I used to be a reality TV snob, until Drew Pritchard and 'Salvage Hunters' changed my mind

I was staying near the Welsh town where Pritchard has his real-life business. Maybe I could just pop in and see if reality matched reality TV...

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The Independent Online

In my time I’ve been a horrible snob about reality TV. A Big Brother refusenik from the time the first ad appeared (“How can they call it that? Can they not hear Orwell spinning in his grave?”), a curmudgeon about X-Factor, a paid-up enemy of Britain’s Got Talent (although being a fan of creatures, I was impressed that a dog was the most talented act our nation had to offer) and an arch-avoider of The Only Way is Essex and Made in Chelsea.

Who am I kidding? Just because talent shows leave me cold and if I want to see a roomful of people arguing, I can visit my parents for the weekend, I’m as hooked as the next telly addict. I just prefer my reality to involve making, baking, selling or salvaging, rather than dreaming, screaming and singing. Masterchef. The Great British Bake Off. Antiques Roadshow (surely the unsung forefather of today’s reality gold rush, now I come to think of it.)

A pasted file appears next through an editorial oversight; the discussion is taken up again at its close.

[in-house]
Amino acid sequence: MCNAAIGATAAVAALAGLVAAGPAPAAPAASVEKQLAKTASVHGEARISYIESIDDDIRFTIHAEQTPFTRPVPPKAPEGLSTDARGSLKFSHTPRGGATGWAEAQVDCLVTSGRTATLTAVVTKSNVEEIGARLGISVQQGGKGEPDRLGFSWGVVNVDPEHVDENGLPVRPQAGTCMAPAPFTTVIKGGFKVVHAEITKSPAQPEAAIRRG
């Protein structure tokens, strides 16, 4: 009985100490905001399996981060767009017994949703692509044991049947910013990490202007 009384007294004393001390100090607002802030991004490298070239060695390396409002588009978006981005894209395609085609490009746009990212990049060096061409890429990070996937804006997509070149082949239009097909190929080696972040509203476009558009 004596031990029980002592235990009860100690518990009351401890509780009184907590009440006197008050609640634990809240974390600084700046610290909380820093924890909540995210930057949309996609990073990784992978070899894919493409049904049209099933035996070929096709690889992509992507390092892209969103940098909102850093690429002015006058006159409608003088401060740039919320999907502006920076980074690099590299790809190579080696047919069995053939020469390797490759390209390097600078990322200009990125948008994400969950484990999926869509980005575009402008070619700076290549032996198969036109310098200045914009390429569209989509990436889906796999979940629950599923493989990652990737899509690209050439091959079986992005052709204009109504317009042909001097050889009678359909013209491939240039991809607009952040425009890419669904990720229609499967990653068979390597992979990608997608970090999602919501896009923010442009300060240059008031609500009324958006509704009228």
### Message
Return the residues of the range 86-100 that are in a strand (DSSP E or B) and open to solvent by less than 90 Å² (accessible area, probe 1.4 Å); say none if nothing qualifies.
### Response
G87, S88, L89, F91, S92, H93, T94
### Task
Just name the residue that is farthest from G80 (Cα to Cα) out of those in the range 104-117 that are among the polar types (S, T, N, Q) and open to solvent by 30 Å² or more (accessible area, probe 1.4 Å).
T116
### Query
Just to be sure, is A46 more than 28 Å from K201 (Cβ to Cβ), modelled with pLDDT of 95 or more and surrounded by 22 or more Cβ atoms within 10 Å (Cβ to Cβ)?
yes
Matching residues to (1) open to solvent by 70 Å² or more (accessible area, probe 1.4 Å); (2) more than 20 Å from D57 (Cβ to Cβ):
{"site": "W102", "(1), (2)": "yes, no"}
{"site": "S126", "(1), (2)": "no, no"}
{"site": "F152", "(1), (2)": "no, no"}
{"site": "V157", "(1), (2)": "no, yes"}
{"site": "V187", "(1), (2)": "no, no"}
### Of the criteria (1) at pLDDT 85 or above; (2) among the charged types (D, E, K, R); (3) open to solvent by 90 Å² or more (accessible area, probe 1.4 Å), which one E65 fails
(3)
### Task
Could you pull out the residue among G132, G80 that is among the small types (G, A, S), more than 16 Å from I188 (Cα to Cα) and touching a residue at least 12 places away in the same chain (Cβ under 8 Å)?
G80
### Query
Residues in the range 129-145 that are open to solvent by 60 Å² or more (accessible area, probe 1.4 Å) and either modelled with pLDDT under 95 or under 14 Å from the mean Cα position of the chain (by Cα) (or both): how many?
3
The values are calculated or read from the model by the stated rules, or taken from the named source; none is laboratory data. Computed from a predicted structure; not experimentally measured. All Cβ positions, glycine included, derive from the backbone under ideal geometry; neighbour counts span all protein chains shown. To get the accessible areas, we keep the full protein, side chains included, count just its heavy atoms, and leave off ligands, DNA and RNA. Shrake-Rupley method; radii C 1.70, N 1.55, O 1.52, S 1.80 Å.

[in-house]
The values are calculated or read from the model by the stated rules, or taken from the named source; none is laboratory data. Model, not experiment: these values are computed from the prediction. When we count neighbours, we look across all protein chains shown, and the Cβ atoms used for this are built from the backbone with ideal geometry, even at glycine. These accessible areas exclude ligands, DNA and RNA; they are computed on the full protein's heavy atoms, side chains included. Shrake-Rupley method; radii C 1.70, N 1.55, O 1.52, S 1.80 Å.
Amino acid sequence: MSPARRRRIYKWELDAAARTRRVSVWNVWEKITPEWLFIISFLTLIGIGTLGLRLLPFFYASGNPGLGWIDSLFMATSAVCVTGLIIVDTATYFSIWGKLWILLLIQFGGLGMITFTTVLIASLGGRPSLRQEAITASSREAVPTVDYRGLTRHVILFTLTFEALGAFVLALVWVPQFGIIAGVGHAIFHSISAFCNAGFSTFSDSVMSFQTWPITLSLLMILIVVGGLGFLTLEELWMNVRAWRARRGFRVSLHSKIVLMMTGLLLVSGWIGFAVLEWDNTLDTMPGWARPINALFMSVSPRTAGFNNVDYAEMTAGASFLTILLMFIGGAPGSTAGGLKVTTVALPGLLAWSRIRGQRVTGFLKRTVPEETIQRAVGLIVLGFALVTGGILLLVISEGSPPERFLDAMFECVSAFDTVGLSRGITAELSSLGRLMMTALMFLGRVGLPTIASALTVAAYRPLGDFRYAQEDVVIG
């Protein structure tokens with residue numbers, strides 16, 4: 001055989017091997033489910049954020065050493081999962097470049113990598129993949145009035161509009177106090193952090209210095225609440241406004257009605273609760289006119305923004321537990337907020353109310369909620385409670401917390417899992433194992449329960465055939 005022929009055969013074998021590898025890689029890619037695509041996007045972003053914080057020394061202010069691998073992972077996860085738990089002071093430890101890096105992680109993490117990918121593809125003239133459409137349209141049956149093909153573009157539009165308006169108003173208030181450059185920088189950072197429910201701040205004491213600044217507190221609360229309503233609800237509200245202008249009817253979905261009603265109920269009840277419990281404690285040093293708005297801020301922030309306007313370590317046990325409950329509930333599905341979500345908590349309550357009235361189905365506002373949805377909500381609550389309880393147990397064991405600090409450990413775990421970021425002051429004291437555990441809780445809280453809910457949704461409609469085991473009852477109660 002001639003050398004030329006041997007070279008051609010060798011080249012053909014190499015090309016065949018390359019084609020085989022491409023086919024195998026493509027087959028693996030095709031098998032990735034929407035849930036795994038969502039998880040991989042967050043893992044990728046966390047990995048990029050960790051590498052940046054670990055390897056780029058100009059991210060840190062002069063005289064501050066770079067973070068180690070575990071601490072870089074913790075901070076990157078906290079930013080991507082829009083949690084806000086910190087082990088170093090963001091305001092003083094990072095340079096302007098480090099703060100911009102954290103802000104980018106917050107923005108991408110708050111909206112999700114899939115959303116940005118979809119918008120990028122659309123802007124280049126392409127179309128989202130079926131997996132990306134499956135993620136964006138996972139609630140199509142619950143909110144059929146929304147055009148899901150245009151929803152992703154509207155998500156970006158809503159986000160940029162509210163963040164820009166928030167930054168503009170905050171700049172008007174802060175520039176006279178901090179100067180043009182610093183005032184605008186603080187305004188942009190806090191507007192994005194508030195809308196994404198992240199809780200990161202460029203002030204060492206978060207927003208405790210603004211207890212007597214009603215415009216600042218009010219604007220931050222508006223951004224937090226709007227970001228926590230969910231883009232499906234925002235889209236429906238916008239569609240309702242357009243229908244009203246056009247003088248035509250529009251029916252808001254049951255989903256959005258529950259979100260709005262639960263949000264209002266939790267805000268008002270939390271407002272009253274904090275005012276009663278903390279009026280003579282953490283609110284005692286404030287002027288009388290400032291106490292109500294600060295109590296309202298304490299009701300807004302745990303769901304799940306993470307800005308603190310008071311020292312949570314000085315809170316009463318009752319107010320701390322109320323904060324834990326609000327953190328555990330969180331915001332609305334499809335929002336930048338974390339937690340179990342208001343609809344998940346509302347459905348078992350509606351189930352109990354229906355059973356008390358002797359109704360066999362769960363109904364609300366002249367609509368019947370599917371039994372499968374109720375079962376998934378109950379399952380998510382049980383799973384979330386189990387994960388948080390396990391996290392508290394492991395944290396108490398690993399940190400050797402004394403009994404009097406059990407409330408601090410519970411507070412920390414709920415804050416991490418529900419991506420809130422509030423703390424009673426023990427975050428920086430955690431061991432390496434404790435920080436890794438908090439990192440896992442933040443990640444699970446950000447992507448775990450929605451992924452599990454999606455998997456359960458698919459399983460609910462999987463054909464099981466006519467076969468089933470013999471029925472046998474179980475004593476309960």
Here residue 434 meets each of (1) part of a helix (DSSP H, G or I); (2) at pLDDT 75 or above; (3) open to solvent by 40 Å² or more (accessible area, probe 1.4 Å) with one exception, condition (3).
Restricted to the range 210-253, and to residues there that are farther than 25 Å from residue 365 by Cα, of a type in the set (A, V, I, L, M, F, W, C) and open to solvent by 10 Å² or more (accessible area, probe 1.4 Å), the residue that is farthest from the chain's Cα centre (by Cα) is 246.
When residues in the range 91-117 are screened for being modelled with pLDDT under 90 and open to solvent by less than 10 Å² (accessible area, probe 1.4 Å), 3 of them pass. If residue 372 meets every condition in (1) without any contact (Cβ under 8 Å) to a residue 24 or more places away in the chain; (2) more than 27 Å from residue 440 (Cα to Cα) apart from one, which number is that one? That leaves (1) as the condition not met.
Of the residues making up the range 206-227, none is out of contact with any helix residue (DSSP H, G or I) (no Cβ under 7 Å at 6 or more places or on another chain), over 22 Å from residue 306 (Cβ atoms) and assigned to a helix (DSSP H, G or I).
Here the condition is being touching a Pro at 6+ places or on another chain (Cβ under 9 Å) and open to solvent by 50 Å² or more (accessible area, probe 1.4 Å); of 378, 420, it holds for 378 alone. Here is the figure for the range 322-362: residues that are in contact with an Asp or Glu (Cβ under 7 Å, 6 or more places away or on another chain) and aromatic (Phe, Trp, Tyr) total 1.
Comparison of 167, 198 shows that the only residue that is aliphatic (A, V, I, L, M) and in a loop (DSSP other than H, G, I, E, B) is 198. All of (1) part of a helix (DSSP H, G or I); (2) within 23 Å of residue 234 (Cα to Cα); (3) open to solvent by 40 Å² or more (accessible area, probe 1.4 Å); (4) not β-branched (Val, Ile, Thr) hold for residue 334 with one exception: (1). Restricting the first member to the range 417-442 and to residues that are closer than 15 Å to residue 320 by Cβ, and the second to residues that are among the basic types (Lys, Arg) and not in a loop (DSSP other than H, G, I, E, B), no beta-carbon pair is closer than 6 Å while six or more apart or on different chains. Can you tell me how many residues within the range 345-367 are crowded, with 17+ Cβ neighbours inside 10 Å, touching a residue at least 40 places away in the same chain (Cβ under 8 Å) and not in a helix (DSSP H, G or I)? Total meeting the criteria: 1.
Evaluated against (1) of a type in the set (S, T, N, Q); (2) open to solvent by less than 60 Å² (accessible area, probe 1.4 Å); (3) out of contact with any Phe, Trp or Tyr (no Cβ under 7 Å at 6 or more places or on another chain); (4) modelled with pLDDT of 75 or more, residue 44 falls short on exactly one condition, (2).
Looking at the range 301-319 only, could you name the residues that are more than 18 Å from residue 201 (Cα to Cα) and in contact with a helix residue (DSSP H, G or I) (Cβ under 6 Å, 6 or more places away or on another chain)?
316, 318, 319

I realised this recently after spending a week’s holiday glued to a show I hadn’t come across before. Salvage Hunters, on Quest, had salvaging, making AND selling, and no fake tan or false eyelashes. It followed a very pleasant chap called Drew Pritchard, a dealer in architectural salvage, going about his rounds trying to find things to but to refurbish and sell in his antiques emporium in north Wales. He had a nice team, a lovely little dog, a fascinating business and there were no tears or shouting.

So impressed was I that I did something I never thought I’d do. I became a reality-show groupie. I was staying near Conwy, the Welsh town where he and his wife Rebecca have their real-life business. It was on the route home. I could just pop in, see if reality matched reality TV.

My husband and I, hardened media types that we are, were squeaking with excitement when we drove into the car park. The stock on sale in the icy cold warehouse was amazing, and as soon as I have the space for an antique rectory table and a pulpit or two, I know where to go.

We spotted some things that we seen on the telly (squeak!) and when the time came to pay for our purchases, Drew himself served us (squeak squeak!). The reality? He was exactly like he was on the box.

Pleasant, friendly, and knew his stuff. We ‘fessed up to being there because we’d watched the show. We asked how the show compared to day-to-day life. The only big difference, Drew said, was that reality was blooming freezing. How refreshing.

A new series of Salvage Hunters starts on Monday 18 February, 9pm on Quest